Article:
Between commuter service and intercity passenger service, the Boston-New York-Philadelphia-Baltimore-Washington DC Northeast corridor is the busiest stretch of passenger track in the United States. The Connecticut derailment posed a massive bottleneck for the New York-Boston portion of the Northeast Corridor, with many trains cancelled and some being replaced by bus service for the duration of the closure.

MARYLAND- Suburban Baltimore was rocked by a massive explosion on Tuesday after a CSX freight train collided with a truck and derailed. The train was reportedly carrying sodium chlorate- a bleaching agent used in the papermaking process. A CSX spokesman confirmed that the train was carrying the sodium chlorate, but denied that it was in any of the derailed cars.

Reports indicate that the trucker- who also owned the waste hauling company- was hospitalized and in serious condition but there were no reports of injuries among the train crew or the public. The force of the blast damaged nearby warehouses, but Baltimore county fire officials reportedly had the blaze under control.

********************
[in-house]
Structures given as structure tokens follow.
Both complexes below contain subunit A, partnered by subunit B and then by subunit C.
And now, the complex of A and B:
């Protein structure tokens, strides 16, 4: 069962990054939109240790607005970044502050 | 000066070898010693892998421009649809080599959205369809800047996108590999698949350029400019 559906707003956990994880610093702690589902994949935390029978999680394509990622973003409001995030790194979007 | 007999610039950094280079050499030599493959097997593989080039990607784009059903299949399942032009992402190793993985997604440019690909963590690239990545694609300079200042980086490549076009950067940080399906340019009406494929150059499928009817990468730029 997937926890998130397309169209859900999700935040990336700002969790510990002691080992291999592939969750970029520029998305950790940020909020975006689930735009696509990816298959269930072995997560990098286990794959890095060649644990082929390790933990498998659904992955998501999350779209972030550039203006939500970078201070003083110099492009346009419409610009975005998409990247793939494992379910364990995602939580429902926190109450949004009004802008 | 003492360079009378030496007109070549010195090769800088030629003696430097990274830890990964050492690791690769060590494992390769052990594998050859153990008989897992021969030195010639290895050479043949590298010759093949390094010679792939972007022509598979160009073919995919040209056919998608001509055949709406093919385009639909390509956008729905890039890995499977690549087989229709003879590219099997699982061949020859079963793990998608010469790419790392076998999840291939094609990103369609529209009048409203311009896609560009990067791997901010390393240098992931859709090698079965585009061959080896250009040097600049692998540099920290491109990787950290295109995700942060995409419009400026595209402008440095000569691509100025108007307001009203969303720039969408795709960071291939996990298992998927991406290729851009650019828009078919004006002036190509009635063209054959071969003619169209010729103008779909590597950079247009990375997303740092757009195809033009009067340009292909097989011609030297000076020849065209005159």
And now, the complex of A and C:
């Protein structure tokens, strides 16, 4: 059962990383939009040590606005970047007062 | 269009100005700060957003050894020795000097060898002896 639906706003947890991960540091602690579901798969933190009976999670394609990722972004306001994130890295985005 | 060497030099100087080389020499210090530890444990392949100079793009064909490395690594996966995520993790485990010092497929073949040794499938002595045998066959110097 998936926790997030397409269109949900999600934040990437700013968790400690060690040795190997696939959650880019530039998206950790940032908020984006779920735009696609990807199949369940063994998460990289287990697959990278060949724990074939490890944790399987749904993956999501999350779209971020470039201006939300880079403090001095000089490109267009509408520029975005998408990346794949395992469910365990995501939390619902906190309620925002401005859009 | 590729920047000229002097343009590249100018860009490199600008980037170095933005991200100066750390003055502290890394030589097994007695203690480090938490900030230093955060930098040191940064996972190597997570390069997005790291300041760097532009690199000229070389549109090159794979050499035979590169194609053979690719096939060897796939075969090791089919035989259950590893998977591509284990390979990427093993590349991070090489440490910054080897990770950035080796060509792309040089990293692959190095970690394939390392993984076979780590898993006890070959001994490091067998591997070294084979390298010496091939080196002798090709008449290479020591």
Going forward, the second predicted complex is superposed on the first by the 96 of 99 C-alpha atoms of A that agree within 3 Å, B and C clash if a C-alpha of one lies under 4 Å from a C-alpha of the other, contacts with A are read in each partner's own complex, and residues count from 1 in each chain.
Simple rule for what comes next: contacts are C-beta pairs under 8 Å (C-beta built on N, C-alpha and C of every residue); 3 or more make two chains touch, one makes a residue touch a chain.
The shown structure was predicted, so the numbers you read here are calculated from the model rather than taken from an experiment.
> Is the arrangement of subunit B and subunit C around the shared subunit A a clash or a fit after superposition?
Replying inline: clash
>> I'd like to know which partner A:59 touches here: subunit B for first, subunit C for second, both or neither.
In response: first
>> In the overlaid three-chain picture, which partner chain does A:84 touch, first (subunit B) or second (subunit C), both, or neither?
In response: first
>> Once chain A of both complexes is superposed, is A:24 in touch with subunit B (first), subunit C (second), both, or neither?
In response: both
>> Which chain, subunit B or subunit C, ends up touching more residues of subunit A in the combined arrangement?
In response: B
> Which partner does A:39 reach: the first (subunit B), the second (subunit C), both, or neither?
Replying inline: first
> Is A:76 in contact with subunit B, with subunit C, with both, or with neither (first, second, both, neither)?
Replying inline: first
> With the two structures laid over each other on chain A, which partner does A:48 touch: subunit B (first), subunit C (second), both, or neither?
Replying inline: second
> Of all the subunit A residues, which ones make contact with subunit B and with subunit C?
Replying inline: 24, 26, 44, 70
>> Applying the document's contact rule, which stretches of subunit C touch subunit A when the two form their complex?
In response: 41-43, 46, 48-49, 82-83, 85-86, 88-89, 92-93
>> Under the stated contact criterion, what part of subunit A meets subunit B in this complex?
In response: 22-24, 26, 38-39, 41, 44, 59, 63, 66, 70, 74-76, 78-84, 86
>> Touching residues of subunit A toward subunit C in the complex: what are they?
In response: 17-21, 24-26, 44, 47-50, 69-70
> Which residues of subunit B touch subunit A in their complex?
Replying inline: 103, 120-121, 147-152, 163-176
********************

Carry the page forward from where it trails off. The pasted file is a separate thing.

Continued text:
The NTSB and Maryland State Police are focusing on the safety record of the trash hauling truck involved in the collision.
As cleanup crews and investigators worked at the crash site in the eastern Baltimore suburbs, NTSB board member Robert Sumwalt gave what he said was the agency's last local news conference on the Tuesday derailment. He said the agency has looked at federal transportation department safety records for Alban Waste and found an above-average number of violations resulting in trucks being ordered off the road.

Records of the Federal Motor Carrier Safety Administration show the company that has three trucks was involved in two crashes with injuries in 2012 and 2013. The agency's website also shows the company's vehicles were inspected 43 times in the last two years, with trucks being ordered out of service in about 40 per cent of those cases. The national average is about half that.